Deepak Agarwal on Unexpected Ways to Build Relationship Skills at Work 1
Deepak “Dee” Agarwal breaks down the relationship skills that employers and employees have in common, and why it’s important for everyone in the workforce to build these skills.

ATLANTA, GA – NOVEMBER 10th, 2022 – Relationship-building is a crucial–and often underrated–skill in the workplace that can have a significant impact on creating a collaborative and positive work environment. Not only can it lead to higher levels of employee satisfaction, for leaders and employees alike, but it can also be a powerful tool to aid in career growth.  Fostering these kinds of relationships is the foundation for building equity or your reputation as a valuable team member that is valued by your colleagues. 

Deepak “Dee” Agarwal, an experienced business leader and entrepreneur in the e-commerce space, breaks down the relationship skills that employers and employees have in common, and why it’s important for everyone in the workforce to build these skills, regardless of their level.

Self-Awareness

“Self-awareness doesn’t just mean awareness of one’s strengths and weaknesses, but also how one’s actions and behavior affect other stakeholders in the organization. It serves as a tool for building relationships that begins with analyzing how your actions affect those around you in the workplace,” Deepak Agarwal explains. 

For example, if someone consistently is bulldozing their teammates by taking over projects and writing off the ideas of their colleagues without allowing them the opportunity to contribute, it can have a substantial impact, not only on how the individual is perceived but also on the willingness of others to work with them on projects in the future. In this situation, as the employee notices that their colleagues are getting frustrated with them during projects and no longer want to collaborate as frequently, they need the self-awareness to reflect on their working style and why this could be happening. Once the problem is identified, it’s up to them to shift their behavior and rebuild their professional relationships and perception in the process. 

“Being aware of how your actions and language affect others is the key to forming relationships, and these interactions are not limited to immediate colleagues. Word travels fast in an organization on how others perceive you, so being cognizant of how you are viewed by others will enable you to build connections and stronger relationships across all levels of an organization,” Deepak Agarwal says.

Task Delegation

Delegating important tasks and decisions is a critical way for leaders and mid-level employees to demonstrate trust and build a sense of team with employees. As a lower or entry-level employee, being assigned new or challenging tasks demonstrates management’s belief in their ability to succeed.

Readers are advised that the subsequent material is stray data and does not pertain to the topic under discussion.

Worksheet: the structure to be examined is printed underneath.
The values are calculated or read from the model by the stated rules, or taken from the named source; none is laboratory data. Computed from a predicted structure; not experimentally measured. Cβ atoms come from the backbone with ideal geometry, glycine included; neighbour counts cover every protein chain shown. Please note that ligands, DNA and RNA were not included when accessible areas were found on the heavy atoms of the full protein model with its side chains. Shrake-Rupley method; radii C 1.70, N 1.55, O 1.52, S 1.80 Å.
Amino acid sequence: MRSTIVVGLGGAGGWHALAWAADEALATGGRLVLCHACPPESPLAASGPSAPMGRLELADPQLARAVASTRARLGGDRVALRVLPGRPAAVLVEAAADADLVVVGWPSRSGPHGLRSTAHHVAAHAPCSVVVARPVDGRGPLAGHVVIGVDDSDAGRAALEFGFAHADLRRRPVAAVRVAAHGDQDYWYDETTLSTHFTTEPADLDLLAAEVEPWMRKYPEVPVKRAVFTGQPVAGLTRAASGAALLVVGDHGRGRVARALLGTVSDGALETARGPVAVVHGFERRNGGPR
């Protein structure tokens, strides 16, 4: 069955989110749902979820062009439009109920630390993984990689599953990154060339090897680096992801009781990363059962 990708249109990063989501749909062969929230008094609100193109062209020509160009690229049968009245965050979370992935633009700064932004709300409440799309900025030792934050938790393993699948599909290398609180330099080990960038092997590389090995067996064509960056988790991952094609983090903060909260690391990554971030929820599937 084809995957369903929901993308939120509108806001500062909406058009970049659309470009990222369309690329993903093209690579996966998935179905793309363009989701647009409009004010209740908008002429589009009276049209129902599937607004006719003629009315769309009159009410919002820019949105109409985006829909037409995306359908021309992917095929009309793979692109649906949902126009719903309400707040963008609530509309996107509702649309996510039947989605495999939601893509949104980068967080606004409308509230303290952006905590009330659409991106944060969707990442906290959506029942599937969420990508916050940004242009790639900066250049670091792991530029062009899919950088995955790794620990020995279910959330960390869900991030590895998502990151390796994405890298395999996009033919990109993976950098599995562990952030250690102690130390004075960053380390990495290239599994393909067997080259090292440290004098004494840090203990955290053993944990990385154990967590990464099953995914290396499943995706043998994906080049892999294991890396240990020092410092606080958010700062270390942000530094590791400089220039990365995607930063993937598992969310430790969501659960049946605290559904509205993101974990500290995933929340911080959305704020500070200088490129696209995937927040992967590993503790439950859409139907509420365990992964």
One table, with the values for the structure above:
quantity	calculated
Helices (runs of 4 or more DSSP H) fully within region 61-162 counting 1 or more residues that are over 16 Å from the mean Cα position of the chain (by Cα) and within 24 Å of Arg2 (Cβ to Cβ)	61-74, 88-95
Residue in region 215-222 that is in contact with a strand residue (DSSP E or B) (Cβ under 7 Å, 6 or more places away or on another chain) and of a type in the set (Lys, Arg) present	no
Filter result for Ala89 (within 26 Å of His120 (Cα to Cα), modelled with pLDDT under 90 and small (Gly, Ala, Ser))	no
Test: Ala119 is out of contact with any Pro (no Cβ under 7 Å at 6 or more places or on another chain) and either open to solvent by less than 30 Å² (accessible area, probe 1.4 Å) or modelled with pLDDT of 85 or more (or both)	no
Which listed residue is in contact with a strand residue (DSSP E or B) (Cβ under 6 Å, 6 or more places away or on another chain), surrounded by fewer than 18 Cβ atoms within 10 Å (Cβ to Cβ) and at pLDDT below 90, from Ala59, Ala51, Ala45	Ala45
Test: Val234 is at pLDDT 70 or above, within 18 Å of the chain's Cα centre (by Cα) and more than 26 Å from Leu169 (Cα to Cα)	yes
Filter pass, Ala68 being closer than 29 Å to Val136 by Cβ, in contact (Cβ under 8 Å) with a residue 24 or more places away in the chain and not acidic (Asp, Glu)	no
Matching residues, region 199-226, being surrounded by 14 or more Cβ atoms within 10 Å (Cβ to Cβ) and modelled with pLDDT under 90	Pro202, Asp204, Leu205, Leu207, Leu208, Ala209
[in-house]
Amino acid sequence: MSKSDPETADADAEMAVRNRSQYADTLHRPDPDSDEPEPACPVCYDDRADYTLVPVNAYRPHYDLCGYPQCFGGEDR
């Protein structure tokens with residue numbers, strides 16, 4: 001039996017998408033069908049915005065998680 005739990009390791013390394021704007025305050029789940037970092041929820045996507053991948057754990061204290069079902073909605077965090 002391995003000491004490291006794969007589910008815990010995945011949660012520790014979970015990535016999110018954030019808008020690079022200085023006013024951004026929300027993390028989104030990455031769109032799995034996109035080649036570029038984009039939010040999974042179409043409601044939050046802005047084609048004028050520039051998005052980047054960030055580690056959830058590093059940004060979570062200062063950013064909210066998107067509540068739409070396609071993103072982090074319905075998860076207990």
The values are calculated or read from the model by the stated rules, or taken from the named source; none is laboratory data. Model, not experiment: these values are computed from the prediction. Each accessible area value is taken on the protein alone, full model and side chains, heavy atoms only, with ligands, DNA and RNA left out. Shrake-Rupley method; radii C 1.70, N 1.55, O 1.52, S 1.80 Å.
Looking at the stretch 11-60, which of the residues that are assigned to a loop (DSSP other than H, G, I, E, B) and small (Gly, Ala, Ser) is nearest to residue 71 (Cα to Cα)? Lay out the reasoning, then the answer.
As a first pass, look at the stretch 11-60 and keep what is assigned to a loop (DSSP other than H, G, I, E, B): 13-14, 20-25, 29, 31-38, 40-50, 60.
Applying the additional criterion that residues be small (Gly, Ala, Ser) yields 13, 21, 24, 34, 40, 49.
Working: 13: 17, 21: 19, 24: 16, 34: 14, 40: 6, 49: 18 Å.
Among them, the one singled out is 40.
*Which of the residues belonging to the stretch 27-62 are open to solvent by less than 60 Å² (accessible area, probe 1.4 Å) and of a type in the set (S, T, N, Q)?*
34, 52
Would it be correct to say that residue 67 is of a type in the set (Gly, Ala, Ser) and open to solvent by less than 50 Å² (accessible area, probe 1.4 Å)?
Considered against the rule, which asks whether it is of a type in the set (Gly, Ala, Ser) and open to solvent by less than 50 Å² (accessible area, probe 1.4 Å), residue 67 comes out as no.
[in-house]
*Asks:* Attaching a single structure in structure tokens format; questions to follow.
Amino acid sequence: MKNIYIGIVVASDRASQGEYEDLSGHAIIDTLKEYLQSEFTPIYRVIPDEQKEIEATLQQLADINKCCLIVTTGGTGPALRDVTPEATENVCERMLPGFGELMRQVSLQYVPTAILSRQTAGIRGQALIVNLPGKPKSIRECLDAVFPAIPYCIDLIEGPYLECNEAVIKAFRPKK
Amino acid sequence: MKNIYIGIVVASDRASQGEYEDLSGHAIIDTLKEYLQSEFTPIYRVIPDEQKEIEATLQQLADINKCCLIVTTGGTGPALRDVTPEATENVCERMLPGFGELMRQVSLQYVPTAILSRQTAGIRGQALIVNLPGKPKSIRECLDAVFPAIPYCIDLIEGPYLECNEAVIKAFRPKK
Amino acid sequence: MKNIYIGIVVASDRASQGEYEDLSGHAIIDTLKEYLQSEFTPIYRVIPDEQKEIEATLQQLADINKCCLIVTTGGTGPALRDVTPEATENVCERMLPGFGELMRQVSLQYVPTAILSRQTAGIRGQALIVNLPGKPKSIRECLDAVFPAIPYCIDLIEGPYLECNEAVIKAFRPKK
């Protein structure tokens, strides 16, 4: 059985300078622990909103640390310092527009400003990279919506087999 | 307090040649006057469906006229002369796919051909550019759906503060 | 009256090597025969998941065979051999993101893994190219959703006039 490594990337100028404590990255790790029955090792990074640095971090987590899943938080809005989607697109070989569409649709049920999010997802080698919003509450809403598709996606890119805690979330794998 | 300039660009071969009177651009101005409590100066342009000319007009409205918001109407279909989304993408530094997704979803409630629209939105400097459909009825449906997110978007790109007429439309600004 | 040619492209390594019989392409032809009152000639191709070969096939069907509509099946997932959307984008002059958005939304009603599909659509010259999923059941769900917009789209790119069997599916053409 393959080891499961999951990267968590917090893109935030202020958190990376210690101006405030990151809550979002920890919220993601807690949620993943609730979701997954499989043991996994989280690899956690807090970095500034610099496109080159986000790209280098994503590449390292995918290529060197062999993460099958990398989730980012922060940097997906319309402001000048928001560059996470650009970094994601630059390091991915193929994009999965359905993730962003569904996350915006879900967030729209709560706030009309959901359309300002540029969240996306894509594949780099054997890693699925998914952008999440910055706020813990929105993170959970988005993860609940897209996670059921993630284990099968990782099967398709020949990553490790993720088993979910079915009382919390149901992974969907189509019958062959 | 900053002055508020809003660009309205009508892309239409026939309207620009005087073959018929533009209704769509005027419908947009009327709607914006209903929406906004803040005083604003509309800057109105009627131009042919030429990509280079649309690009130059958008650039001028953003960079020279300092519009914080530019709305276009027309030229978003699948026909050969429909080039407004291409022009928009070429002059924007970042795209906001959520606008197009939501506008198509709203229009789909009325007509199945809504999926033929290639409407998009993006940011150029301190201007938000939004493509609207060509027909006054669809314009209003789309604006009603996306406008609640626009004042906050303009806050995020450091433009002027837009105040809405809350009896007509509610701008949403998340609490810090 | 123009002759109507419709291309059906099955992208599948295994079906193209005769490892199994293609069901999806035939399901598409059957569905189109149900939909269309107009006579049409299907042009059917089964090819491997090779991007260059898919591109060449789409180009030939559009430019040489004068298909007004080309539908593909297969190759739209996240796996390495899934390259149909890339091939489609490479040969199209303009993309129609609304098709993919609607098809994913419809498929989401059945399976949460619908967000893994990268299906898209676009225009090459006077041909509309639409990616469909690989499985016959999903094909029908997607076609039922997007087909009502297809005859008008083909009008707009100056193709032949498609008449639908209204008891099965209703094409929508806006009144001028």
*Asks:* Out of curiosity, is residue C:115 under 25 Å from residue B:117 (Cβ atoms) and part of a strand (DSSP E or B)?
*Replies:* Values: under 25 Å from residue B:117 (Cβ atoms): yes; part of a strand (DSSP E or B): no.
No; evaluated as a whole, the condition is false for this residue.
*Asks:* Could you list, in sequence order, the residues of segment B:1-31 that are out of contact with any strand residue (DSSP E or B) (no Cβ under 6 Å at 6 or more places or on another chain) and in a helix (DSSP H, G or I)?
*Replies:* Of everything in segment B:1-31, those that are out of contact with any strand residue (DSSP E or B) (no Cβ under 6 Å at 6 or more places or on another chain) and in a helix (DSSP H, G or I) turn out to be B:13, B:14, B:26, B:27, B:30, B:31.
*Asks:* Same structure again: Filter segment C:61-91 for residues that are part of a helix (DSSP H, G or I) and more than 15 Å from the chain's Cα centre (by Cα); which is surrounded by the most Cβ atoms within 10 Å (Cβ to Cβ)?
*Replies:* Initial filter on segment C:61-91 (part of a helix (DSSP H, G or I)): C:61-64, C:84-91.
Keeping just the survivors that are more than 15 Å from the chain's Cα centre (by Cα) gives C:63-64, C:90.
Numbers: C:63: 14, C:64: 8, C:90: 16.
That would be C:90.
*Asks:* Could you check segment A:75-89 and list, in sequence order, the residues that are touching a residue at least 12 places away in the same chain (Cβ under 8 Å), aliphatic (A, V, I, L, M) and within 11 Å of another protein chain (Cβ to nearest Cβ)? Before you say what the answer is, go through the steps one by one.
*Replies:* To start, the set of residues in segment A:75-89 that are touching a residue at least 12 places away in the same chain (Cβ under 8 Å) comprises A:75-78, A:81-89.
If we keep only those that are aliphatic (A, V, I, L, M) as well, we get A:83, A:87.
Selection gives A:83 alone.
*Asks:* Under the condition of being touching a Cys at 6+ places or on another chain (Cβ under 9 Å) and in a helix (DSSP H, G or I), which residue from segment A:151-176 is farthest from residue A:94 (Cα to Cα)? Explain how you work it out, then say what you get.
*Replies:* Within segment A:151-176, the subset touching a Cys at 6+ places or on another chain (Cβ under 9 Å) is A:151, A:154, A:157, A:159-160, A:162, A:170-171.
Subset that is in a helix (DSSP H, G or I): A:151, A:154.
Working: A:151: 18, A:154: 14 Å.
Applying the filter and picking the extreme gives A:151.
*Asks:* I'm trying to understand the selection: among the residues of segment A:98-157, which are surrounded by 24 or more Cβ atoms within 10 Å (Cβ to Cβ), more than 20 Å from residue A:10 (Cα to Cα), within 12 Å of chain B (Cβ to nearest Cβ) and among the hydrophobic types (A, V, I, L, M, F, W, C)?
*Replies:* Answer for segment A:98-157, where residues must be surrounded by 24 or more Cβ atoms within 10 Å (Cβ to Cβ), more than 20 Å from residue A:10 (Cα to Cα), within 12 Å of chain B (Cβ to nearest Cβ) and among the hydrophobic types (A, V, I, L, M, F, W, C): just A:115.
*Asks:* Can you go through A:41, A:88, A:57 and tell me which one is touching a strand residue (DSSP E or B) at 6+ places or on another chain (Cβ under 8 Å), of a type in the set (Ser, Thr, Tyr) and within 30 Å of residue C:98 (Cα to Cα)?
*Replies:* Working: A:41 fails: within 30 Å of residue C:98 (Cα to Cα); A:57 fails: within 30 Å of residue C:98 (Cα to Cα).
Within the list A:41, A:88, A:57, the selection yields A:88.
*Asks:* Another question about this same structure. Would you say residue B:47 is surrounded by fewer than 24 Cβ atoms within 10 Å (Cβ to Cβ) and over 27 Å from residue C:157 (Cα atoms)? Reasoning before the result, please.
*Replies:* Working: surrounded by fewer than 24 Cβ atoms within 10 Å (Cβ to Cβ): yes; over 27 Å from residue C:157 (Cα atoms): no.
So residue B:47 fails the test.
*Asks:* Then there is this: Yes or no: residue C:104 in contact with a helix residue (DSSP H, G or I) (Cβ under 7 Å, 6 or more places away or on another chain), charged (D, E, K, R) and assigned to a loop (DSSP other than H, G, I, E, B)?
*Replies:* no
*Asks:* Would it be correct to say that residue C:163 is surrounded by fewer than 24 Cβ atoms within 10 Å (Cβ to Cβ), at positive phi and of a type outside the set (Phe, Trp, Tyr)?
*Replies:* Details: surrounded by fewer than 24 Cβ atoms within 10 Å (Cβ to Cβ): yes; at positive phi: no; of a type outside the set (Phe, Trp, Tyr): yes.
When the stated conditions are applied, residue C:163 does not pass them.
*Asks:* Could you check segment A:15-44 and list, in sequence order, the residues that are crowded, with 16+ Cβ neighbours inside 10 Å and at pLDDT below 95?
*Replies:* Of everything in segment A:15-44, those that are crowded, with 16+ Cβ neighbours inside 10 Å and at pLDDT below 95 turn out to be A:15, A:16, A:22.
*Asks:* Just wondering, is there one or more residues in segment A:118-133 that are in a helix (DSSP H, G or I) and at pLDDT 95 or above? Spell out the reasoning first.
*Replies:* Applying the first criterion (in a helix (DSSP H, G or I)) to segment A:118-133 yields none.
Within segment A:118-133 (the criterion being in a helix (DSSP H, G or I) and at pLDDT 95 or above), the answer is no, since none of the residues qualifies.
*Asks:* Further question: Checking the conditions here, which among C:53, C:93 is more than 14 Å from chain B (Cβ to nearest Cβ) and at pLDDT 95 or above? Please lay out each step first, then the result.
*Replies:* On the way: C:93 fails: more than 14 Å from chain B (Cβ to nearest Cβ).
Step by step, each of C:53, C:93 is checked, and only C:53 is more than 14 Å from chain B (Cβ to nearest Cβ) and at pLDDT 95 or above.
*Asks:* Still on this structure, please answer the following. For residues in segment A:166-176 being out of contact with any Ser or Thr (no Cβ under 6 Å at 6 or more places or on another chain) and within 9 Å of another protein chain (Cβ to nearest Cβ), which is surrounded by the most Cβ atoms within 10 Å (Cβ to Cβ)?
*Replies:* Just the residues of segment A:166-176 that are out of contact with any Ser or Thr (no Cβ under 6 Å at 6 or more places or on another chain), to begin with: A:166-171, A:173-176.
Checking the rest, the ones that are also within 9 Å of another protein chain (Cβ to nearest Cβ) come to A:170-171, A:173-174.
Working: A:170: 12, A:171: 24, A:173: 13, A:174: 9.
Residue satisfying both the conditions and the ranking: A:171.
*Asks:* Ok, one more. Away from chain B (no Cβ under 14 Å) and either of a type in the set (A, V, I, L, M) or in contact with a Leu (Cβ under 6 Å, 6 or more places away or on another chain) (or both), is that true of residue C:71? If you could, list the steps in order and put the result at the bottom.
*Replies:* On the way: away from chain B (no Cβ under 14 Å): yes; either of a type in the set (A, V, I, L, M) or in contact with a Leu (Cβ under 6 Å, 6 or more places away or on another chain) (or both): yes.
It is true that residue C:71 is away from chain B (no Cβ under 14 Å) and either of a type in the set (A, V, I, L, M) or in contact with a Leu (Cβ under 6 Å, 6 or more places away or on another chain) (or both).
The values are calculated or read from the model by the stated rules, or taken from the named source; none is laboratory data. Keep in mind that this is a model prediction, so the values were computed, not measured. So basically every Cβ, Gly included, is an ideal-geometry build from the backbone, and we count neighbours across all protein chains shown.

“Delegating is an important relationship-building skill because it inspires trust and confidence. It’s also a great way for leaders to give feedback in a constructive way that motivates and rewards employees,” Dee Agarwal says.

Additionally, delegation can be used as a tool to foster an environment of openness and collaboration. When employees are given the opportunity to work together on a challenge or project, this adds depth to their professional relationships.  

“Constant communication and partnership among many different people in the organization can establish trust and respect, which are good foundations upon which to build relationships. On top of that, it increases the number of interactions among colleagues, which naturally leads to relationship growth,” Deepak Agarwal says.

Positivity

An important part of relationship building is maintaining a positive demeanor toward the work and colleagues in an organization. This holds true for employees across all levels. Bringing a positive attitude to work makes it more likely that others will want to collaborate and work together toward a common goal. 

“People function better when they work among managers and colleagues who exude positivity. This can be done simply by congratulating or complementing a fellow employee whenever they’ve finished a project or reached a goal,” Dee Agarwal says. Positive gestures like these help cultivate a working environment that can pave the way for better, stronger relationships at the workplace.

Regardless of the methods to improve relationship-building skills, it is critical to keep in mind that building relationships requires better communication skills, more time spent with colleagues and employees, and a stronger commitment to respecting and appreciating others.

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